Off the Twitter Timeline: Clunky WebCT

Summize provides a great way to troll for what people are saying. Beyond just searching for a term, it provides RSS feeds for terms. I follow several, such Blackboard and WebCT. The WebCT one netted me the following tweet:

annoyed with how clunky webct can be at times – it had to have been designed circa 2000 – amandakern

WebCT products, whether CE or Vista, have always been clunky. Ease of use has always been a problem with the products. Any improvements Vista made were offset by so many more tools and options to make it the net effect more clunky. I’ve seen some sales people and Dr. Cs whip through the navigation like it is easy to use Vista. Practice makes perfect. Too bad the developers can’t be perfect.

Whenever I see schools pick a product, I think the ones who have Ease of use on their list probably have been using WebCT legacy products for years as opposed to Blackboard products. They and their faculty are scarred enough they cannot afford to get it wrong on ease of use again.

IMS Data Going to Wrong Place

I should know better than to trust documentation over my own intuition. Or to change based on what others tell me.

I followed:

Log in to Vista Enterprise as a Server Administrator or Institution Administrator.
NOTE: To set glcid, you must log in as a Server Administrator.

From the Administration tab, click the Utilities tab.
Click Settings.

Under System Integration, click System Integration API IMS….

Enter values to configure settings. See the table that follows, Standard and IMS Adapter
details on each value.

Click Save Values. The Settings screen appears and the settings are configured.

Standard and IMS Adapter Settings
The following table describes the parameters you can set using the administration user interface.
Setting Description
GlcId

• Stands for global learning context identifier.
Set by Server Administrator only.
Required to run IMS and Standard adapter
commands.

• Identifies the institution in which the adapter
command runs
• Automatically assigned by Vista Enterprise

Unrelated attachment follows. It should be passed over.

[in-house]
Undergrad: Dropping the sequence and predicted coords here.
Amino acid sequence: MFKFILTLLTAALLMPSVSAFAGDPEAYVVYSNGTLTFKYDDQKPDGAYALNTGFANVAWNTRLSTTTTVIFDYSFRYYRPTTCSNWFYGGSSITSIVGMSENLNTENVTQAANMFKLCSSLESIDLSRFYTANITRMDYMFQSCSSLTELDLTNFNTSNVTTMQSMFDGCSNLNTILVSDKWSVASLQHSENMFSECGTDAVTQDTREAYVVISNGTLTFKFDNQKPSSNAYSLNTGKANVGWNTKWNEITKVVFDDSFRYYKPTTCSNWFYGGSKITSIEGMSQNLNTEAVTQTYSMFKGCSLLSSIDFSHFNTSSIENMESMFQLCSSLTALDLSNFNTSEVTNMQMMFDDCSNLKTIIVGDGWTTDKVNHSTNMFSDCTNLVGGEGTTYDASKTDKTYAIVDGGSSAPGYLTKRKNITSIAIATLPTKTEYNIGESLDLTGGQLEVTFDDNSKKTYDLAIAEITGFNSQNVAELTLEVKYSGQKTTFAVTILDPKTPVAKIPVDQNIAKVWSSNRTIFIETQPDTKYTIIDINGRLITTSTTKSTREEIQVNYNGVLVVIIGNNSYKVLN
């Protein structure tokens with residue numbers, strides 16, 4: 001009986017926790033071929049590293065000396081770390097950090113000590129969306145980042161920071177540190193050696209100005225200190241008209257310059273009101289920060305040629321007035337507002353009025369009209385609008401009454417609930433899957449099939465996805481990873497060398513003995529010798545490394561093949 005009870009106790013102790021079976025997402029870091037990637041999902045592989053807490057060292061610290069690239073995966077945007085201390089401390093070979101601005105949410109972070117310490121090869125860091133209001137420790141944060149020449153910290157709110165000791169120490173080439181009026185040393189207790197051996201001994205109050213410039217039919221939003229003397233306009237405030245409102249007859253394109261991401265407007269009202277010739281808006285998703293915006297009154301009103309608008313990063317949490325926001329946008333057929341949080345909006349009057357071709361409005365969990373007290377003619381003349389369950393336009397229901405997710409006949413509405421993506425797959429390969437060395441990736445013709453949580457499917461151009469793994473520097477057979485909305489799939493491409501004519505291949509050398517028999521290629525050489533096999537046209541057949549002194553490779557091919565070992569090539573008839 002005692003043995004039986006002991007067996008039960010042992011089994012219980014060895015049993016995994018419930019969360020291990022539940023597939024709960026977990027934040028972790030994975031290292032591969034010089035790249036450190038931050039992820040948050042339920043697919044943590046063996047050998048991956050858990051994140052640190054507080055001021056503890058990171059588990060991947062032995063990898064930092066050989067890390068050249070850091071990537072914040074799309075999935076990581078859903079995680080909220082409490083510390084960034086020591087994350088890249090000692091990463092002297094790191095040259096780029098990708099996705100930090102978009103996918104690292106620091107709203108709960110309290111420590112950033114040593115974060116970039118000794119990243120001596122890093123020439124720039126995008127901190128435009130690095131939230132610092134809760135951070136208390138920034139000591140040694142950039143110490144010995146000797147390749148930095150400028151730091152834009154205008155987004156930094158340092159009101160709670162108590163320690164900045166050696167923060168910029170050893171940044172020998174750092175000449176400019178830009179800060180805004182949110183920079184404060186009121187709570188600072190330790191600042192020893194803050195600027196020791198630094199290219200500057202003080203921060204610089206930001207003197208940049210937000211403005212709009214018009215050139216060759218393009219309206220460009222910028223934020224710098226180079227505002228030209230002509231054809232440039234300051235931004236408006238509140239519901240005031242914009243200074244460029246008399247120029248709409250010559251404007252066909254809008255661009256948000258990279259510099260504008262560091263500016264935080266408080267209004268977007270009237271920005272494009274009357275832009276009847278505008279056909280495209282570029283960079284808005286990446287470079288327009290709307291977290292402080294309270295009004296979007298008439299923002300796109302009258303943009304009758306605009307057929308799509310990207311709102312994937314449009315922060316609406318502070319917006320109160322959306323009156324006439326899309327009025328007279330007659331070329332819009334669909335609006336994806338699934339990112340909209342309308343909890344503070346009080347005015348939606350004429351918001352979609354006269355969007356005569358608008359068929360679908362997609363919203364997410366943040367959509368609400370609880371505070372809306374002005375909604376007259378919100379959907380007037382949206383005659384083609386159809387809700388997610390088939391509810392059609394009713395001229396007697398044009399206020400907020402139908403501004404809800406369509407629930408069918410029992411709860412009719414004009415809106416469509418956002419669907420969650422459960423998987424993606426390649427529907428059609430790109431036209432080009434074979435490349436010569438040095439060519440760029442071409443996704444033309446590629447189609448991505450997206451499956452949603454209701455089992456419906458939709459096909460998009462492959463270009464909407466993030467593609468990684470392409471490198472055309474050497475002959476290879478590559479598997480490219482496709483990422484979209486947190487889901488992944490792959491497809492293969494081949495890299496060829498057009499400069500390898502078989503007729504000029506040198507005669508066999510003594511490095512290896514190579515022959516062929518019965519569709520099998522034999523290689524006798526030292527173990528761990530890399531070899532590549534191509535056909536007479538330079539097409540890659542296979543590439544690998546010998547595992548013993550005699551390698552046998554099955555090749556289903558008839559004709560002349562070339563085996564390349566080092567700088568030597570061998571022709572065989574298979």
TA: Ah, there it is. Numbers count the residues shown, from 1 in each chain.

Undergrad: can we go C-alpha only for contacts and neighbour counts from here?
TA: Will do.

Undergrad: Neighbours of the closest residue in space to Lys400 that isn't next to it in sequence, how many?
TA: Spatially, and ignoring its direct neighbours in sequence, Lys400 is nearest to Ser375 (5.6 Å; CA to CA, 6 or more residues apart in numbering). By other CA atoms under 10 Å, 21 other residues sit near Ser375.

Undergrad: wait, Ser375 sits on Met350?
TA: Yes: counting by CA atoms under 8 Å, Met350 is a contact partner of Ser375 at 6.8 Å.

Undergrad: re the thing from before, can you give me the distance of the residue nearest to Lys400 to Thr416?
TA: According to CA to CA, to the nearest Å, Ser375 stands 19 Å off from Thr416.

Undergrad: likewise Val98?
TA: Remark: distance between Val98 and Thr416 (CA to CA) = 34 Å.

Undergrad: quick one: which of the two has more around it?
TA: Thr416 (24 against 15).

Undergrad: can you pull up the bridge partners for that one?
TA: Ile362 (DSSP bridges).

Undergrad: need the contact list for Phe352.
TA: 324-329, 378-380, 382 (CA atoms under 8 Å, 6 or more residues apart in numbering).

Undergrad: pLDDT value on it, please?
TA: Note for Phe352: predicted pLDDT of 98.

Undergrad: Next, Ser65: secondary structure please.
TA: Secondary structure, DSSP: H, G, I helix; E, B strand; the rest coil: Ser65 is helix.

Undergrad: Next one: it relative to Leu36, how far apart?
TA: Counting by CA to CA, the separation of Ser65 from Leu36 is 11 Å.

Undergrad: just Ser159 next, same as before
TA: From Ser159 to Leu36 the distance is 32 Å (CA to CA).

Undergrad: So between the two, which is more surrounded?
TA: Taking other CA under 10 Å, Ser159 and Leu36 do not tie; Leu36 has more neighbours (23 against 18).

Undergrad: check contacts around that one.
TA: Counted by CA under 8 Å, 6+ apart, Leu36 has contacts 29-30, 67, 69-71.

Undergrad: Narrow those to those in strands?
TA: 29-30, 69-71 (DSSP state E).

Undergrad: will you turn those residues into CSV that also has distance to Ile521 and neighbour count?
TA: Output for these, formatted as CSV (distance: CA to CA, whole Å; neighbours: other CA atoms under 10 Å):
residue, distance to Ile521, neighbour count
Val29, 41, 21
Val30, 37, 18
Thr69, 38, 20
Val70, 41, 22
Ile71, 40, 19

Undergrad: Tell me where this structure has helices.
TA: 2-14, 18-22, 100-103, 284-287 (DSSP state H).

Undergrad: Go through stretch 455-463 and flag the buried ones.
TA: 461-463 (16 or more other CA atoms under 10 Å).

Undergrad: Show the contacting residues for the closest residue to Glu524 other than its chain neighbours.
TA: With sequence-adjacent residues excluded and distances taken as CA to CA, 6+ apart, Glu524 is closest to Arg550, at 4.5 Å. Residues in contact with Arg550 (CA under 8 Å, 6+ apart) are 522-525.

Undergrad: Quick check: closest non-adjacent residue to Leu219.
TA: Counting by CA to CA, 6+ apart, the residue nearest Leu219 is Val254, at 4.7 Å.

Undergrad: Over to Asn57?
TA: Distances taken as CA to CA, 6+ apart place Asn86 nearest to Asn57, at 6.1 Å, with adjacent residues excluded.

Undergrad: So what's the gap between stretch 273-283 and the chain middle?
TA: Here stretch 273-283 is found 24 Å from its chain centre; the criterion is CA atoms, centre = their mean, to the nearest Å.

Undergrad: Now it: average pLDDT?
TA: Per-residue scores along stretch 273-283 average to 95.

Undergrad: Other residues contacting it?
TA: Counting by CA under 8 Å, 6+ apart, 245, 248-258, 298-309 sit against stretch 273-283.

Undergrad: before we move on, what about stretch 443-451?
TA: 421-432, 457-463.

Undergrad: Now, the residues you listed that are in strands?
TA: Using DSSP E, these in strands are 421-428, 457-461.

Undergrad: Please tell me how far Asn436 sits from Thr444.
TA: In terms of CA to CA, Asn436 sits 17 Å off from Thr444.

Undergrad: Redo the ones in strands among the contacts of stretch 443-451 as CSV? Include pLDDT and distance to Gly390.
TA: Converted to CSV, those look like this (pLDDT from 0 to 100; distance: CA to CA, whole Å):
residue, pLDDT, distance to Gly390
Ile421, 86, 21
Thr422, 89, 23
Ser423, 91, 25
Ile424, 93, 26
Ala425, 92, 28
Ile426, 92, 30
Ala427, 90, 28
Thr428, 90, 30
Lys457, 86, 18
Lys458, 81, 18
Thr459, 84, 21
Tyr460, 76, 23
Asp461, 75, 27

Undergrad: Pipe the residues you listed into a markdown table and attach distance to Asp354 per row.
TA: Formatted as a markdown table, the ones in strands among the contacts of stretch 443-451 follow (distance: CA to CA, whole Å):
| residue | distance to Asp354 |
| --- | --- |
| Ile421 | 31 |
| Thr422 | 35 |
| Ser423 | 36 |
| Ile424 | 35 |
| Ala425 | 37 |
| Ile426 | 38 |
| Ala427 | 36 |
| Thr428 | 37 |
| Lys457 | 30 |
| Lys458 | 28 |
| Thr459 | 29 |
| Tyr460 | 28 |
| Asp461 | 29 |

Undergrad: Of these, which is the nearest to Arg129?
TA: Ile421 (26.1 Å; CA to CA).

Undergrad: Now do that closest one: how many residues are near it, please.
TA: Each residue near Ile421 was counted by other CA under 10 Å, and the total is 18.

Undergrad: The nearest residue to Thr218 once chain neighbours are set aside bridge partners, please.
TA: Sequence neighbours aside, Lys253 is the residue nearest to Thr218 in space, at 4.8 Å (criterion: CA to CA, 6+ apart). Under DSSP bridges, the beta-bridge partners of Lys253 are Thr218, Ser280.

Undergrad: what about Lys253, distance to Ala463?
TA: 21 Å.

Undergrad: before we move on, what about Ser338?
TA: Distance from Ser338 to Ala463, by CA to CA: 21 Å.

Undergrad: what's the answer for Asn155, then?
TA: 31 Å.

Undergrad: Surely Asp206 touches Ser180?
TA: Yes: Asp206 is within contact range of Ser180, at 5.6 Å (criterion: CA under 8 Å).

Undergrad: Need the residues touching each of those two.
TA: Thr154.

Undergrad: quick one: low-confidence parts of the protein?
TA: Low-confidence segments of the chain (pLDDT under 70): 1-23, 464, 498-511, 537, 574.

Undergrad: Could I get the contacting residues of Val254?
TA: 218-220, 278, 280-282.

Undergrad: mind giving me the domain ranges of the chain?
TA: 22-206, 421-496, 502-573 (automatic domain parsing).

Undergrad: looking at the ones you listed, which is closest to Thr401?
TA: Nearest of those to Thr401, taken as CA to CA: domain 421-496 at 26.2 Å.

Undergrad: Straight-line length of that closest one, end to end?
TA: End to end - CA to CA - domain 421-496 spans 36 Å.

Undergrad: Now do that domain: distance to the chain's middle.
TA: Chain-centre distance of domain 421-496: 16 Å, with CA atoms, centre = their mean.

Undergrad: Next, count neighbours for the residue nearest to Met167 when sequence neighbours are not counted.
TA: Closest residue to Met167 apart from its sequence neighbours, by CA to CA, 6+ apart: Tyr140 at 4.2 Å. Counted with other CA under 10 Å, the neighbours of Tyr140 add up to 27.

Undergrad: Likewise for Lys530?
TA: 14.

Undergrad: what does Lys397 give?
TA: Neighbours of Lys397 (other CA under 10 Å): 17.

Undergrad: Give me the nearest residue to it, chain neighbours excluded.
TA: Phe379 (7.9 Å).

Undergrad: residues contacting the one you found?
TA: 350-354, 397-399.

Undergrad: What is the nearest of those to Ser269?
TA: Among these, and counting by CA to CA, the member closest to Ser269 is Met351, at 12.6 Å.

upon creation of an institution

Of course, it doesn’t say which Glcid, right? After all, every learning context has a Glcid. Since, at the time I only had one institution (before I created the 54 others), I set the Glcid to the one for that institution. Should it be the Glcid for the server or domain learning context? If so, then couldn’t Blackboard just pre-populate it at the time of install? Why do I need to put it there?

At the same time, I didn’t believe it necessary because I had seen IMS imports work without the Glcid set at the server learning context. They worked because the command used to run the IMS import has the glcid.

The result? My imports went into the the institution with the Glcid set at the server learning context, despite the defining in the command I ran to use a different Glcid. Removing the Glcid from the server learning context settings allowed the command to work as I thought it should.

So much for a pristine, clean database.

RSS Is Relatively New?

The email was an innocuous “Ooh, shiney!” message. RSS feeds are now available for a status site. However, one thing concerned me….

RSS is a relatively new and easy way to distribute content and information via the Internet.

I personally have been aware of RSS since 2002. However, as I am a relatively late adopter of technology, I was not surprised to learn RSS has been around since July 1999. This technology has been available for nine years. 1999 is the same year IE5 became available. That is a few months before Windows 2000 became available. This is before the technology bust which weeded out much of the Internet craps. (Are we due for another one of those?) Next year we can celebrate the 10th anniversary of RSS. Can we really call it new when we celebrate it being around for a decade?

The point of “relatively” was to soften the word new. I was supposed to be mollified by it isn’t really new but it isn’t really old and is closer to new than old. It just sounded to me like whoever wrote it only heard about RSS within the past two years or so. So maybe the message was more “Ooh, shiney!” for them than for me.